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Safety of opioid patch initiation in Australian residential aged care

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Opioid analgesics are recommended for the treatment of cancer pain and for short-term treatment of moderate to severe acute pain.1,2 The number of opioid prescriptions in Australia reimbursed by the Pharmaceutical Benefits Scheme increased from 2.4 million in 2002 to 7.0 million in 2007.3 Much of this increase is probably driven by the increased administration of opioids for chronic non-cancer pain,3,4 but such use remains controversial, especially in older people, as they are more susceptible to adverse drug events.57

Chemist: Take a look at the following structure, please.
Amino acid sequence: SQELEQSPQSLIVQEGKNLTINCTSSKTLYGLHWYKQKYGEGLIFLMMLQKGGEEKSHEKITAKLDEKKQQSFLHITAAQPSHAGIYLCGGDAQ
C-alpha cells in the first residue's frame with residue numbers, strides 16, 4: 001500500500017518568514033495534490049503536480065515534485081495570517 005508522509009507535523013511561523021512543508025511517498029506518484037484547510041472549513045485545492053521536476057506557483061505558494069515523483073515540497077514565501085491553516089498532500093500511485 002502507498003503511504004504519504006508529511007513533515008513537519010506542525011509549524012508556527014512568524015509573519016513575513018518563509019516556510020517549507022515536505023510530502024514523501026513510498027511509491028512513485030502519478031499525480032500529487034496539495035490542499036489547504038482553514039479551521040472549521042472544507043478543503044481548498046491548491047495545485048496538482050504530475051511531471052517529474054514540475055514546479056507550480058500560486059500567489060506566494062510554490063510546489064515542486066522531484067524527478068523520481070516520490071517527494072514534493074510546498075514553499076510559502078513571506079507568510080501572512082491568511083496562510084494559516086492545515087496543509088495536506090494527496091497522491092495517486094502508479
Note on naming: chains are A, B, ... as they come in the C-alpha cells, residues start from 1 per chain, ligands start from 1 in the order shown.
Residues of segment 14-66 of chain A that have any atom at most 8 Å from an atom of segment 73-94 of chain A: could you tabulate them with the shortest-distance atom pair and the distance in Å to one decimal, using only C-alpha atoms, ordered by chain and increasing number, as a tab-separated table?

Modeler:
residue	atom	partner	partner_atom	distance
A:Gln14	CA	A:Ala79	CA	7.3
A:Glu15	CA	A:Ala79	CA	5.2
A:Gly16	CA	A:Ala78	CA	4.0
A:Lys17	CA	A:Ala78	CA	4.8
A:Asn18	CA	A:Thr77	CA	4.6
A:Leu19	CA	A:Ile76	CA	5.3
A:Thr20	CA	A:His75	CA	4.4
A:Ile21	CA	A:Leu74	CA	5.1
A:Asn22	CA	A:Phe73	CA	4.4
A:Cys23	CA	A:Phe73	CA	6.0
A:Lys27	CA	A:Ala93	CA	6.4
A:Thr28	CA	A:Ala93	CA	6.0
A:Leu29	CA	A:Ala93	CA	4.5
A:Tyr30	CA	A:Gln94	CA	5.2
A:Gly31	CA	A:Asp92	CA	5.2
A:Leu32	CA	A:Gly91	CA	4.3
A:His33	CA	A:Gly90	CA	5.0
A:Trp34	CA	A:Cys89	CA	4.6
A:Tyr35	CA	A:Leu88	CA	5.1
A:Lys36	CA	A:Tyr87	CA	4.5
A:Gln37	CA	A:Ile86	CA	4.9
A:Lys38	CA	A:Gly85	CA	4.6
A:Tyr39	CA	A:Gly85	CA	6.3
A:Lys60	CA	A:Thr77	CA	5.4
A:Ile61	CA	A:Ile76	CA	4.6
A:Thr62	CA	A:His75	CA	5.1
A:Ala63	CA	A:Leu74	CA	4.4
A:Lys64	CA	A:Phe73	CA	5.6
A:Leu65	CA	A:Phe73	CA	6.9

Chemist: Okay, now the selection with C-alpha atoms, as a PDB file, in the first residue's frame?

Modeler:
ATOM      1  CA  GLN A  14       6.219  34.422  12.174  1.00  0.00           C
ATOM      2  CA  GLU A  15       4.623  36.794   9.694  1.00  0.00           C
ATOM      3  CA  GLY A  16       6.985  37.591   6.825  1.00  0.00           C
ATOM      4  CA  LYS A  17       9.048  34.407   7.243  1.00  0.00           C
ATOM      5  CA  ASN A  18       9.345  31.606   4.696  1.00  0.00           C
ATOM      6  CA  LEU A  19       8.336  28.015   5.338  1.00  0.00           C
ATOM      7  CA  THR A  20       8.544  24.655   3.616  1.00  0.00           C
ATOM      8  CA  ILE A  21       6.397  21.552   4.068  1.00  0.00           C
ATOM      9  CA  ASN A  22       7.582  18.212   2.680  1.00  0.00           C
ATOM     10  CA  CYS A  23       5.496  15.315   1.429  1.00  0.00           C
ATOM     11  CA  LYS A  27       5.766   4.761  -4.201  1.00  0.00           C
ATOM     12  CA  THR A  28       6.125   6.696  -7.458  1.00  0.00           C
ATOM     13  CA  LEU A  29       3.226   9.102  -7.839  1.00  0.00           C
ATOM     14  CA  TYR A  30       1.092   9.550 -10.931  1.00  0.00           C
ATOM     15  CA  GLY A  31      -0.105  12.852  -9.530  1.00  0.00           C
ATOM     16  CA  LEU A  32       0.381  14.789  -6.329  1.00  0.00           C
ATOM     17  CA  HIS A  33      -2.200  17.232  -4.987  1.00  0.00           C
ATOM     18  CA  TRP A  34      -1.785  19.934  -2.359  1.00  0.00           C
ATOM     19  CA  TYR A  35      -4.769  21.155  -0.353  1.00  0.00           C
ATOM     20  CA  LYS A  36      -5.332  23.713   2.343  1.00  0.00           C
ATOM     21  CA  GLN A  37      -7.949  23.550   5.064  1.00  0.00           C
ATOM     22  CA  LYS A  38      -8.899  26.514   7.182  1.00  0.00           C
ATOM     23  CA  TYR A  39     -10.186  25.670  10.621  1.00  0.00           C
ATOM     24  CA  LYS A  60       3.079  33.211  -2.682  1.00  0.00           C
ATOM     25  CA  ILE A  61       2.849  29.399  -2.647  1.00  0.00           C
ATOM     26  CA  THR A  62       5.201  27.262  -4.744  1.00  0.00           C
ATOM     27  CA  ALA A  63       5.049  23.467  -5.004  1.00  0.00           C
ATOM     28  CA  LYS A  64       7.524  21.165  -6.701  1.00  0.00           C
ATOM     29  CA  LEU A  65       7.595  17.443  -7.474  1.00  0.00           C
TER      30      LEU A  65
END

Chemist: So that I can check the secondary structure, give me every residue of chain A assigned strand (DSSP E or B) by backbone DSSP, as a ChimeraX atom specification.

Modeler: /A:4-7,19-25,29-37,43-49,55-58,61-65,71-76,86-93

Transdermal opioid patches have been designed to provide long-lasting therapy for patients with chronic pain. Two opioids are available for administration via transdermal patches: fentanyl and buprenorphine. Fentanyl patches have a duration of action of 3 days, while buprenorphine patches are active for 7 days.1 In addition to an extended duration of action, transdermal opioids also have a slower onset of action, making them unsuitable for the management of acute pain.1

For chronic, non-cancer pain, Australian guidelines recommend a stepwise approach,…